Professor Mick Dodson was invited to participate on the committee as an
expert advisor.

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What it will look like: the Proposed Model

A new National Representative Body is critical to give Aboriginal and Torres
Strait Islanders a national voice. The proposed model seeks to provide the forum
for this voice to be heard. It also addresses two key tensions that emerged
through the consultation process:

  • Representational
    tension:
    how does the Body obtain political legitimacy with Aboriginal and
    Torres Strait Islanders while also being streamlined, cohesive and expert in its
    operations?
  • Tension over its relationship with government:how does the Body
    maintain independence from government while also being influential with
    government and playing a key role in the policy development process?

The Steering Committee proposes that the new National
Representative Body:

  • is
    established as a non-government
    entity
  • undergoes
    an initial developmental phase lasting until the end of 2010,
    and
  • adheres
    to the following key
    features

A
company limited by guarantee

The new National
Representative Body should be a private company limited by guarantee rather than
a statutory authority. Such a model:

  • will not be dependent on the goodwill of Parliament and the government of
    the day
  • can be flexible in structure, with its Constitution able to be altered when
    necessary
  • is more likely to attract corporate and philanthropic support for its
    operations, and
  • can begin immediately.

Mission/objectives

As the national leader and advocate for recognising the status of Aboriginal
and Torres Strait Islander peoples as First Nations peoples, the new National
Representative Body should strive to protect the rights and advance the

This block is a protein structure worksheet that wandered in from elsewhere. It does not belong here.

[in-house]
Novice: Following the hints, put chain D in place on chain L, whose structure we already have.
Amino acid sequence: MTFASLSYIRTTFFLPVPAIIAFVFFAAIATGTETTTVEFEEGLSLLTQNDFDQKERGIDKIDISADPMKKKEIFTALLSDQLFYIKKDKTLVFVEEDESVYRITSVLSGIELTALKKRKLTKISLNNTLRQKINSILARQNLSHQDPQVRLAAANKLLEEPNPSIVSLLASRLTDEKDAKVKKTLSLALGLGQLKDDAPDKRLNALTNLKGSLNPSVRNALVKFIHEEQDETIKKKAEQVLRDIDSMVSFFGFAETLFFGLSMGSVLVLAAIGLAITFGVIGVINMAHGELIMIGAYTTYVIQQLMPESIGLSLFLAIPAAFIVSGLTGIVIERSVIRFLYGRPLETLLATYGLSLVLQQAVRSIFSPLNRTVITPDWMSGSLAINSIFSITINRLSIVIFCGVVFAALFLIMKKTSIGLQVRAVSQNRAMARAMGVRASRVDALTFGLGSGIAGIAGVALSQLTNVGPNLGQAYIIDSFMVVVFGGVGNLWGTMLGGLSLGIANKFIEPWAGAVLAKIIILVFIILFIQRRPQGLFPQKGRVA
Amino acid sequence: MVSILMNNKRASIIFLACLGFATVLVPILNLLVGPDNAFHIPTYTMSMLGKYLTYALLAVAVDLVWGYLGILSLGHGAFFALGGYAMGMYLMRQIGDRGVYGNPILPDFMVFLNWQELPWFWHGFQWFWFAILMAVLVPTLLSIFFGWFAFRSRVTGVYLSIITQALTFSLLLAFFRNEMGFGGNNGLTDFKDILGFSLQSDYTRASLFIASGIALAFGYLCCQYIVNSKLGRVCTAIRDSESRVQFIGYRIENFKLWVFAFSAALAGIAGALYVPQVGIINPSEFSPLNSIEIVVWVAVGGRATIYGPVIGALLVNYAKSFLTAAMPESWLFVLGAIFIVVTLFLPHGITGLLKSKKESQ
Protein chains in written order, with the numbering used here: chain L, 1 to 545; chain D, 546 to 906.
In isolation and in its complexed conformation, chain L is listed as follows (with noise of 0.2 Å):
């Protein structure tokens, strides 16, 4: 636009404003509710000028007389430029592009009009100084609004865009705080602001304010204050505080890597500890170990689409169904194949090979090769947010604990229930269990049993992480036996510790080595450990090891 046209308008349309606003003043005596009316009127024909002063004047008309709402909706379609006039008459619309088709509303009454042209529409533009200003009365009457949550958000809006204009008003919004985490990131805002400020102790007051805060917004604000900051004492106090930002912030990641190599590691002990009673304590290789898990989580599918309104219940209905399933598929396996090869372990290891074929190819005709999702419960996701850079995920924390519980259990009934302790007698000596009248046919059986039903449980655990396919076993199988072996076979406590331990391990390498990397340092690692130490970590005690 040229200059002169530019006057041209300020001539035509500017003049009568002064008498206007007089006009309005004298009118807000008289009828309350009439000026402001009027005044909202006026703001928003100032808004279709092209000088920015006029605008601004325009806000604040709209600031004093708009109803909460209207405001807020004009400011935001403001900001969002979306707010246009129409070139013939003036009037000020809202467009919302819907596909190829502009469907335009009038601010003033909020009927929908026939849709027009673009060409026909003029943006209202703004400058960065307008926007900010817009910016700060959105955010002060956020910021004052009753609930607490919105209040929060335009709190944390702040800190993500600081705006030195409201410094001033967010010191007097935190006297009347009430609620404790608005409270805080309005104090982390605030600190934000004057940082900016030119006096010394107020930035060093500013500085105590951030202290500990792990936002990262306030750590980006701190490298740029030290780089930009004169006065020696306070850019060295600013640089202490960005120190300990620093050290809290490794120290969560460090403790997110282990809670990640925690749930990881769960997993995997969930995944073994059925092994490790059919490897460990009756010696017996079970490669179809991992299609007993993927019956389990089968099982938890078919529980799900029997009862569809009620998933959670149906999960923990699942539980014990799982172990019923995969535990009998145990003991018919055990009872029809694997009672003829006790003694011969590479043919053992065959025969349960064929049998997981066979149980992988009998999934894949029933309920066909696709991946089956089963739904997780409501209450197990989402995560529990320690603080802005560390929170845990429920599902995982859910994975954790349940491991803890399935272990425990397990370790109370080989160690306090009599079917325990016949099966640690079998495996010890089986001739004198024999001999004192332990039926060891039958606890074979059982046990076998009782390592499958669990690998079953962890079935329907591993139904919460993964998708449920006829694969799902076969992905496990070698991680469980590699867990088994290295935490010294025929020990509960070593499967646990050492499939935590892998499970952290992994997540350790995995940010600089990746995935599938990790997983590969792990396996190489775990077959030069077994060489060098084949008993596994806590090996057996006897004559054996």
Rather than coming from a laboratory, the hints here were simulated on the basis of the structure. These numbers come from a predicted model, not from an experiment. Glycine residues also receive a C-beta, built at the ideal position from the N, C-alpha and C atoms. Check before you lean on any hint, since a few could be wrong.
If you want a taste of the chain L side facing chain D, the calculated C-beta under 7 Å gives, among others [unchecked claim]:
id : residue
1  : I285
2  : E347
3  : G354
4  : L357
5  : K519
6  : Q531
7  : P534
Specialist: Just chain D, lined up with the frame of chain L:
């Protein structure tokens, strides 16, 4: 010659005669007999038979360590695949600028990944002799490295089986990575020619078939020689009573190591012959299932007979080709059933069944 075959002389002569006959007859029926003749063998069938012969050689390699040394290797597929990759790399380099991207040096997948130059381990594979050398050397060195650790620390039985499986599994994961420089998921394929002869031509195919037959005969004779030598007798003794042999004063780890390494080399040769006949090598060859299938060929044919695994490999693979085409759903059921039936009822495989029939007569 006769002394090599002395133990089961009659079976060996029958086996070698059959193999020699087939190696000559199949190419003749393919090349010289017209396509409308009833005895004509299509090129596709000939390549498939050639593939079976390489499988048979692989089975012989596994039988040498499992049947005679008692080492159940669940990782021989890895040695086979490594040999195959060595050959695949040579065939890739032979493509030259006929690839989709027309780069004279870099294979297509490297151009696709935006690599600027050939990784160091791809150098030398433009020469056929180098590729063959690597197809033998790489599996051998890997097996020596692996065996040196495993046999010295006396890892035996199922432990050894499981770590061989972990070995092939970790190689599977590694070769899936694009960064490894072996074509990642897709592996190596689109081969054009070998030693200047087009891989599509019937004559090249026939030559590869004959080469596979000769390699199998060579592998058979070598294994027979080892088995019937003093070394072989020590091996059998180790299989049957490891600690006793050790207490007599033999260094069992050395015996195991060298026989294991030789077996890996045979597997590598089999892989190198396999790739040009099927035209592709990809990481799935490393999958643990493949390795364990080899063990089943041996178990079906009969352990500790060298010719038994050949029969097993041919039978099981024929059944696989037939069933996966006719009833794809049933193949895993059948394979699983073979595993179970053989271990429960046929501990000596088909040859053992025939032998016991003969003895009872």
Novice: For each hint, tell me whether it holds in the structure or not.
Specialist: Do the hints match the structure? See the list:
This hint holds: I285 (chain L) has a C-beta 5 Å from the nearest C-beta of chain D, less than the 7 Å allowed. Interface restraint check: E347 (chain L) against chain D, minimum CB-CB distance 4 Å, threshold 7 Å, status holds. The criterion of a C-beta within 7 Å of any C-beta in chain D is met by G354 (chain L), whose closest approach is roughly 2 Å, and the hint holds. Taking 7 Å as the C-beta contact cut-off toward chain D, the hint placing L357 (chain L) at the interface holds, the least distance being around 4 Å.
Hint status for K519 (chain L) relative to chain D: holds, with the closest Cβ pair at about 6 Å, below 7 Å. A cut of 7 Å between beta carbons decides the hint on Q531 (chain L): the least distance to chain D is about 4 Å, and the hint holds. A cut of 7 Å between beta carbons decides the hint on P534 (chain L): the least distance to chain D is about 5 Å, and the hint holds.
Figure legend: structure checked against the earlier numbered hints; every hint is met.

wellbeing of Aboriginal and Torres Strait Islander communities. It should:

  • advocate for the recognition of Aboriginal and Torres Strait Islander
    peoples’ rights
  • work towards securing an economic, social, cultural and environmental future
    for Aboriginal and Torres Strait Islander peoples
  • build new relationships with government, industry and among communities
  • operate with the highest standards of professionalism and organisational
    integrity
  • apply processes that are transparent, participatory, informed and
    robust.

Guiding
principles

The new body should be guided by principles that:

  • enable and support self-determination
  • promote community building and sustainable development
  • ensure independent operation, free from government influence/control
  • align with the highest standards of ethical and moral conduct
  • exhibit a strong performance-based culture
  • are open, transparent and accountable to Aboriginal and Torres Strait
    Islander peoples
  • ensure equal participation of men and women
  • promote inter-generational dialogue and participation
  • ensure the participation of particularly vulnerable and marginalised
    groups
  • emphasise the importance of long term, inter-generational
    vision.

Roles and functions

There was almost unanimous support during consultations for the Body to
prioritise larger strategic national issues over service delivery or allocation
of Government funds. Accordingly, it should focus on:

  1. Formulating policy and advice, providing an Aboriginal and Torres